: This photograph shows the John A. Roebling Suspension Bridge, which links Covington, Kentucky, with Cincinnati, Ohio. Formerly named the Covington-Cincinnati Bridge, the structure was the first Ohio River bridge linking the North and South after the Civil War. This view shows the bridge from the Kentucky side looking toward the downtown Cincinnati skyline. Clearly visible are the suspension cables and one of the bridge towers.
In 1846 the Kentucky General Assembly granted a charter to the founders of the Covington & Cincinnati Bridge Company, which hoped to build a bridge across the Ohio River that would connect the two cities. Cincinnati was a major metropolis by the 1850s, and Kentucky farmers and businessmen hoped to have an easier time transporting their goods to the city.
For various reasons, many Ohioans were less enthusiastic. As a result of this opposition, the Ohio legislature did not grant the Covington & Cincinnati Bridge Company a charter to construct a bridge in 1849. Despite these hurdles, the Covington & Cincinnati Bridge Company persevered, and in 1856 it signed civil engineer John A. Roebling (1806-1869) to construct a suspension bridge. Construction began that year, but it stopped the next year due to the Panic of 1857. Construction resumed during the American Civil War when Ohio and federal government authorities realized the need for a bridge to supply the soldiers operating in the South. Due to the high inflation during the war, Roebling had to pay his workers in gold, and shortages forced him to import some construction materials from England. Workers completed a small footbridge across the Ohio River on September 24, 1865, nearly six months after the war ended. This initial bridge gave construction workers an easier means of stringing the cables.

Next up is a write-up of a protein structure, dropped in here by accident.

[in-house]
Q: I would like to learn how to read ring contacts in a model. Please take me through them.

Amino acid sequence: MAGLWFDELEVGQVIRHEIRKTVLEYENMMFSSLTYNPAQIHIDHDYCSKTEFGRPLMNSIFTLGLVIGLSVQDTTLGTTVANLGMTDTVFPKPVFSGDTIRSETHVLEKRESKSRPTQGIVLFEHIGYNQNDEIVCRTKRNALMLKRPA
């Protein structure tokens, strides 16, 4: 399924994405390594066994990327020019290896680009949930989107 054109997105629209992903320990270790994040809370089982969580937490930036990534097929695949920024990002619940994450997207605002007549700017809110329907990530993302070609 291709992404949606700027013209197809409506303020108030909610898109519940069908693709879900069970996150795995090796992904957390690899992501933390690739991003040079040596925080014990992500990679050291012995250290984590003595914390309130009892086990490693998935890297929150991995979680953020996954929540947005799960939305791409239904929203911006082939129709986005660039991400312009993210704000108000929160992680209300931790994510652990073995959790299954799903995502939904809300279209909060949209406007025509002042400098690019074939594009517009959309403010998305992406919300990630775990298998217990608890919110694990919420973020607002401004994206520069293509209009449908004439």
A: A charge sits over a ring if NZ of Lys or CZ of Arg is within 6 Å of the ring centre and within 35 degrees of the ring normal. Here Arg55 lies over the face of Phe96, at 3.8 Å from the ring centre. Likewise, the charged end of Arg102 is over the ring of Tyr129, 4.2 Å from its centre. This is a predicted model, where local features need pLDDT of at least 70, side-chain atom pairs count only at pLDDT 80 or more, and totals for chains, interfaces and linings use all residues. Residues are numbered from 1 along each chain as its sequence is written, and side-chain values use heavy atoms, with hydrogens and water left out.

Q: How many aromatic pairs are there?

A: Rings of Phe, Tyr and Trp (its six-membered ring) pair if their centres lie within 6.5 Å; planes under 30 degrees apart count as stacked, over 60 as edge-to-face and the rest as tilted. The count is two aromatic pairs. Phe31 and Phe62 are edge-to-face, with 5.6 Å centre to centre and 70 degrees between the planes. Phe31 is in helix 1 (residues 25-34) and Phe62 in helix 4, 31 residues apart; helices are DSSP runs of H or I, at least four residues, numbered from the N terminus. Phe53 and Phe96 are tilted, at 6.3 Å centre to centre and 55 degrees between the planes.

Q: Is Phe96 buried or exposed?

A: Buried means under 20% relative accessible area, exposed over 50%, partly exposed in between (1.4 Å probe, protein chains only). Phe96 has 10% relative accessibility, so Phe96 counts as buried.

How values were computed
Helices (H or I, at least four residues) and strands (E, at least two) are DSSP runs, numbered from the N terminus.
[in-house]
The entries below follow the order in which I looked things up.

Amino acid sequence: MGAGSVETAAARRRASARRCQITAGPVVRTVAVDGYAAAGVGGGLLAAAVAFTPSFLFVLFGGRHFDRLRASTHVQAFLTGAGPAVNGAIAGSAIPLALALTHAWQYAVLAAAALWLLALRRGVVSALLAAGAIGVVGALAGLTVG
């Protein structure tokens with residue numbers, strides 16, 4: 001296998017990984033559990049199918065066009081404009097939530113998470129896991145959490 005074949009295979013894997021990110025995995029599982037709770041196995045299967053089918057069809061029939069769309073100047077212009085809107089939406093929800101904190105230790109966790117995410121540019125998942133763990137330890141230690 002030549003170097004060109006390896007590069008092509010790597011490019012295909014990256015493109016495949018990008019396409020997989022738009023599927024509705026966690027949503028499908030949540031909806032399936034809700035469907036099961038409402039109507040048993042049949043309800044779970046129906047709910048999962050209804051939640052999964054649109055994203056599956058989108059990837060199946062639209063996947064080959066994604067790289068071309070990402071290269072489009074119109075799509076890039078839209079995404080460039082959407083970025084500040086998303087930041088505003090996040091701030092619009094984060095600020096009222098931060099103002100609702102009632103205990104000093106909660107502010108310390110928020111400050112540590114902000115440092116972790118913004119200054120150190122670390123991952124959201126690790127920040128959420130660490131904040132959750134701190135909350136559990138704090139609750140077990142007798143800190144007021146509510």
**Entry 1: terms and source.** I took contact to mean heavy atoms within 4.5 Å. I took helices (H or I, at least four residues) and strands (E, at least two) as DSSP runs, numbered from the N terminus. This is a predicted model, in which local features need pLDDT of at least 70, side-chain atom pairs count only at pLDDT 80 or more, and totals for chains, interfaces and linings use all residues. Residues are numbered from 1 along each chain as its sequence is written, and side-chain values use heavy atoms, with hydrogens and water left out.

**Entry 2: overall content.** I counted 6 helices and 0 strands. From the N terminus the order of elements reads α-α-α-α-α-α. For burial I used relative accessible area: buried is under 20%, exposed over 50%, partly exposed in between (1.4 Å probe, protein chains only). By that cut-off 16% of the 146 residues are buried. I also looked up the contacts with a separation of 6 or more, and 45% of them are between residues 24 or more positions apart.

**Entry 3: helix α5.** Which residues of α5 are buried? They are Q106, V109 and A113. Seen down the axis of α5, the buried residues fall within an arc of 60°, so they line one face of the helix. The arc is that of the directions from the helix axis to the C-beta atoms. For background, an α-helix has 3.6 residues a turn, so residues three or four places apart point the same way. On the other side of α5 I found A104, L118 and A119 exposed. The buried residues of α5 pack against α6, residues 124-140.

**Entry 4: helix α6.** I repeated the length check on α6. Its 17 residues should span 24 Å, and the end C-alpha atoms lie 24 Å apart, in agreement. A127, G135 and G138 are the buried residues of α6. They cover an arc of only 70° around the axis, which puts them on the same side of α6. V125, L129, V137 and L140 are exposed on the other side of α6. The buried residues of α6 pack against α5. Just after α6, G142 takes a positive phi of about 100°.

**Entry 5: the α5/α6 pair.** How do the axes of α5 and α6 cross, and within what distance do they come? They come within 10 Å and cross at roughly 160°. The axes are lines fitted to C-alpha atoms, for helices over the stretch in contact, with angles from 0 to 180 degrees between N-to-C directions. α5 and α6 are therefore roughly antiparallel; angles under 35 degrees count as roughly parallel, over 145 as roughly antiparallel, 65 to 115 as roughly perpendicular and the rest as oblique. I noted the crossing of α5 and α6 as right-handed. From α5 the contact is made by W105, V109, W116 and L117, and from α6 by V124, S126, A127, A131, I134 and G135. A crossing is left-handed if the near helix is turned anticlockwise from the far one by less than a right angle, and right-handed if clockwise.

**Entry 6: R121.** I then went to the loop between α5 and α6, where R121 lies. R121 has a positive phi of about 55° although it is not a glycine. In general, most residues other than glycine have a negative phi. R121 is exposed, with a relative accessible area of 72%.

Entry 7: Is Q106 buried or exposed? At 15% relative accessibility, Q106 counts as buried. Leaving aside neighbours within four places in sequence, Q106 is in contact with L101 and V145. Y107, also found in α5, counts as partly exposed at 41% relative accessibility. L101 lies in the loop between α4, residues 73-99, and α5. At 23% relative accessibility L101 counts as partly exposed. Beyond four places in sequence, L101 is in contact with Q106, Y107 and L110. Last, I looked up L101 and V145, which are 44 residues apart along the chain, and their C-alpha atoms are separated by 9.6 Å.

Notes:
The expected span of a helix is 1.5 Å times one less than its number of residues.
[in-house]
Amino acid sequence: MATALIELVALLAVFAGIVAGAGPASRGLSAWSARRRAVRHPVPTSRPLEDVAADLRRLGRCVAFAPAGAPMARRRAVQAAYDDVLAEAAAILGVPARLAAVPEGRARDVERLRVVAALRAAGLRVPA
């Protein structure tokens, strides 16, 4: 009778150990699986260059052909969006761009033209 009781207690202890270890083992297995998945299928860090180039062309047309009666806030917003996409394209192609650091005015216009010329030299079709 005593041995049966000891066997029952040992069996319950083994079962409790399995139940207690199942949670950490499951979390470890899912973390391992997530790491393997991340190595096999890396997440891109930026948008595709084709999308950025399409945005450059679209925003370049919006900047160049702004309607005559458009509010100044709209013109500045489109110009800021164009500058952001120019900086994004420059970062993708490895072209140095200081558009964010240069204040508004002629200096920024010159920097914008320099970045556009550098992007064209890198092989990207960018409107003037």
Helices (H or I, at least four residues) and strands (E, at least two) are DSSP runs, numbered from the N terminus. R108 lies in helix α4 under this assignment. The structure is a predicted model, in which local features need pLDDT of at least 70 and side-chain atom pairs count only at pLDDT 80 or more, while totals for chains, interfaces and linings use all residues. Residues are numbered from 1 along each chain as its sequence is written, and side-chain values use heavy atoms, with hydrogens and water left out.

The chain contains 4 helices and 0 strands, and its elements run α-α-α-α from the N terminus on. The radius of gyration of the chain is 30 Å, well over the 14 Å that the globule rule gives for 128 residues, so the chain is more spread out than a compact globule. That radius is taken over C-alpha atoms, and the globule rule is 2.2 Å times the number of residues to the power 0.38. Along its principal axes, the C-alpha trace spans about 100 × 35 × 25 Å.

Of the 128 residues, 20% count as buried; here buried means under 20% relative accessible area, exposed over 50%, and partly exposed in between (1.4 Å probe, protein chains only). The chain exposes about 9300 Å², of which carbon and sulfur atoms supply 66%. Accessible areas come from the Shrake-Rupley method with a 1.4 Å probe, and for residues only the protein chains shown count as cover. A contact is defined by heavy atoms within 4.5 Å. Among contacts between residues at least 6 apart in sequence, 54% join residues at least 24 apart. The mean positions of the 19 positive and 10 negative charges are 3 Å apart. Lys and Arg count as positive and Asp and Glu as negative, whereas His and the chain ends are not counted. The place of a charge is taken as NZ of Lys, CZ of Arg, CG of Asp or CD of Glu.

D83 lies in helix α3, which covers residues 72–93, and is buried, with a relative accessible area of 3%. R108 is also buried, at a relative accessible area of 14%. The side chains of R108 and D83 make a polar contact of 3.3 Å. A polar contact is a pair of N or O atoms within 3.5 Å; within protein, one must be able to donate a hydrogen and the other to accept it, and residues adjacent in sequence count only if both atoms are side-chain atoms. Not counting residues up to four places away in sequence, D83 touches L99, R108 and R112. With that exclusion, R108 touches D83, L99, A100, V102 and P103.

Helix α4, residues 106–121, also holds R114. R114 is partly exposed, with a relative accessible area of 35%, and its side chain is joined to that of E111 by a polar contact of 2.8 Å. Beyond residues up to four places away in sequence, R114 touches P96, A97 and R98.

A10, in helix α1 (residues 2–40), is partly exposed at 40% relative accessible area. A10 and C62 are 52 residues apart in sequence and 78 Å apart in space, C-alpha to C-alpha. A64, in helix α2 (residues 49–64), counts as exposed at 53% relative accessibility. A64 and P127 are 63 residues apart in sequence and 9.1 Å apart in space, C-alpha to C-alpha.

The Covington & Cincinnati Suspension Bridge was opened to pedestrian traffic on December 1, 1866, but its formal opening occurred a month later. To help offset the construction cost (approximately $1.8 million), the company established tollbooths at both ends of the bridge and charged three cents per person to walk across the span. At the time of its completion, it was the world’s longest suspension bridge (a span of 1,619 feet).
When the Ohio River flooded in 1937, the Covington & Cincinnati Suspension Bridge was the only bridge that remained open along the Ohio River between Steubenville, Ohio, and Cairo, Illinois, a distance of more than eight hundred miles. The bridge was privately operated until Kentucky purchased it in 1953. In 1982 the Kentucky Transportation Cabinet officially renamed it the “John A. Roebling Suspension Bridge.” It was designated a National Historic Landmark in 1975.
The Covington & Cincinnati Suspension Bridge is regarded as a prototype for Roebling’s next project, which would become his most famous structure. The New York Bridge Company hired him to design and build a bridge over the East River that would connect Brooklyn and Manhattan. Roebling, however, would not live to see the completion of the world-famous Brooklyn Bridge. He contracted tetanus after being injured on the work site and died in 1869. His son Washington Roebling, a civil engineer, and daughter-in-law Emily Warren Roebling supervised the construction and completion of the bridge, which opened in 1883.
View on Ohio Memory.
: AL06657 Subjects
: John A. Roebling Bridge (Cincinnati, Ohio, and Covington, Ky.); Suspension bridges; National Historic Landmarks Program (U.S.); Roebling, John Augustus, 1806-1869; Bridges; Ohio River Places
: Cincinnati (Ohio); Hamilton County (Ohio)